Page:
Rapper Curtis James Jackson III, also known as 50 Cent, was ordered Friday to pay an addition $2 million to a woman whose sex tape he released online with himself added in as a character named "Pimpin' Curly."
The same federal jury on July 10 had awarded $5 million in damages to the lawsuit's plaintiff, Lastonia Leviston.
After the initial ruling, the 40-year-old rapper filed for Chapter 11 protection in U.S. Bankruptcy Court in Hartford, Connecticut, on Monday, the Wall Street Journal reported.
In 2009, the multiplatinum-selling Get Rich or Die Tryin' rapper posted a version of Leviston's sex tape online, which was given to him by the women's ex-boyfriend, who was in it. The 13-minute video was altered to include 50 Cent, who is seen wearing a wig and calling himself "Pimpin' Curly." His character also refers to Leviston as a porn star and makes crude comments about rival Rick Ross.
"I am extremely proud and thankful that my team helped me find the courage to stand up to a man who took advantage of and humiliated me in front of the entire world," Leviston said in a statement.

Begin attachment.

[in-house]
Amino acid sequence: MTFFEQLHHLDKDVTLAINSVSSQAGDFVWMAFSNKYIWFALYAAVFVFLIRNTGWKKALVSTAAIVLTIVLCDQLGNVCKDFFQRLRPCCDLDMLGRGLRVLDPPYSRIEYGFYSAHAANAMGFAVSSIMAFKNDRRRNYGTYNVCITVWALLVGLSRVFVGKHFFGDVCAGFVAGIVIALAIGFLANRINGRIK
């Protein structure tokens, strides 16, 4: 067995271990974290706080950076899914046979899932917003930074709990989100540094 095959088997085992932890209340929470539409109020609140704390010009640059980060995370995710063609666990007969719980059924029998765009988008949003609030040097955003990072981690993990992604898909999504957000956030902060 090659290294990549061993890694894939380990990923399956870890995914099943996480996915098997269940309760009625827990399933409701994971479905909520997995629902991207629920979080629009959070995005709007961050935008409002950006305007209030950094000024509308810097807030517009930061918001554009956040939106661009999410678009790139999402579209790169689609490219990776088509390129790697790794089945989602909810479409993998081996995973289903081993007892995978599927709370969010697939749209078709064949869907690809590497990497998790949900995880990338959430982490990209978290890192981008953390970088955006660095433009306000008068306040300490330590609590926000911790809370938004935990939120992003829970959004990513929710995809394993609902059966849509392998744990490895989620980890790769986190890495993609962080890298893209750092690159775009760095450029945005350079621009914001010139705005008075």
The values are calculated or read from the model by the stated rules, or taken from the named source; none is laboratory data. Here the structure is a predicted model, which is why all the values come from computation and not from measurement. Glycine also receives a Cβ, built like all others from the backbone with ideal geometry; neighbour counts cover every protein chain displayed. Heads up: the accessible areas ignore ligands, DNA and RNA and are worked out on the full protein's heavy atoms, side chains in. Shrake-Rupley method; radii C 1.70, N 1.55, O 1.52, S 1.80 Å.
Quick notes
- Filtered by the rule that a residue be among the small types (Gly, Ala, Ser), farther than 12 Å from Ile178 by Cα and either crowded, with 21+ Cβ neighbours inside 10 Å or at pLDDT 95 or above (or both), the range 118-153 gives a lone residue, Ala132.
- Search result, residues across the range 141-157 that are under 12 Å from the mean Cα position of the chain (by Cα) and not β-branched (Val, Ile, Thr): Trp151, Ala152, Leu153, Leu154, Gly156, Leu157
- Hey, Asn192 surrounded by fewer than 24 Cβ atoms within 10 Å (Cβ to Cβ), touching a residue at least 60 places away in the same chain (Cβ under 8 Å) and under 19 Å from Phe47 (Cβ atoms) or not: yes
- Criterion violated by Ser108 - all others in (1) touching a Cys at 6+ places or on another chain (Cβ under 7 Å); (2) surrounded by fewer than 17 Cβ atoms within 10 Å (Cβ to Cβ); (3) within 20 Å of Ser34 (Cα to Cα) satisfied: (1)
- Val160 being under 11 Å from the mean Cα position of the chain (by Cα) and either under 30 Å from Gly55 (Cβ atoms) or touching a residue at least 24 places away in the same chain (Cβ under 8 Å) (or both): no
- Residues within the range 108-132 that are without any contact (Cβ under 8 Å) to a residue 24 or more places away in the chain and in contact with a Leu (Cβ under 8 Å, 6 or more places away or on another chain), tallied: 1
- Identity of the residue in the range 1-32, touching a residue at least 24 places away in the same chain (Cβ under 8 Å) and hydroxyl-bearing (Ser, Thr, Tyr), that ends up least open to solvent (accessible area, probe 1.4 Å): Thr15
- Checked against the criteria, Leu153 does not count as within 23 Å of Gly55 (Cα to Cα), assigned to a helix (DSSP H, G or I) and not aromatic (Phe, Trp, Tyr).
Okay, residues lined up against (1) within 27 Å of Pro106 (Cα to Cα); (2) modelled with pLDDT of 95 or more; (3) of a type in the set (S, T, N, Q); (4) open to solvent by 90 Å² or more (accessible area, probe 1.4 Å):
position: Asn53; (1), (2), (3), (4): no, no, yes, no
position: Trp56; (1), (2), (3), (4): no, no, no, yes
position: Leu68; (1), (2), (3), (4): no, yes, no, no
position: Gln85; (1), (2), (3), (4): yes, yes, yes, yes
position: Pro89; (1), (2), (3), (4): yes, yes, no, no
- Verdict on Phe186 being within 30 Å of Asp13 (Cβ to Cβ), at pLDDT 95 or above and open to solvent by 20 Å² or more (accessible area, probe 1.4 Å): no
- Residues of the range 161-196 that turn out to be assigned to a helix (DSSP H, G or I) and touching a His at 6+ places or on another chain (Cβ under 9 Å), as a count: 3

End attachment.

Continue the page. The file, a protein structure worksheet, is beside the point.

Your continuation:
Leviston has a child with Ross — who was in a public feud with 50 Cent at the time the video was posted online — but he is not in the tape. In his defense, 50 Cent said the man who gave him the video said it was OK to post online, although Leviston said she never gave her approval.
"This was something done to me. I didn't have a choice. I would never, ever do this to myself," she testified, according to the Associated Press.
James Renard, the attorney who represented 50 Cent, said in a statement that he was disappointed with the jury's decision. He said his client would file post-verdict and pre-judgment motions to try and reduce the amount the rapper has to pay.
"Ultimately, the fate of any obligation to pay a final judgment will be determined by the bankruptcy court," Renard said.
In May, 50 Cent's boxing promotion company, SMS Productions LLC, also filed for bankruptcy in New York in a move seen as protecting against possible damage payments related to Leviston's invasion-of-privacy lawsuit, the New York Daily News reported.
It was not immediately clear how the bankruptcy filings will affect the payouts to Leviston.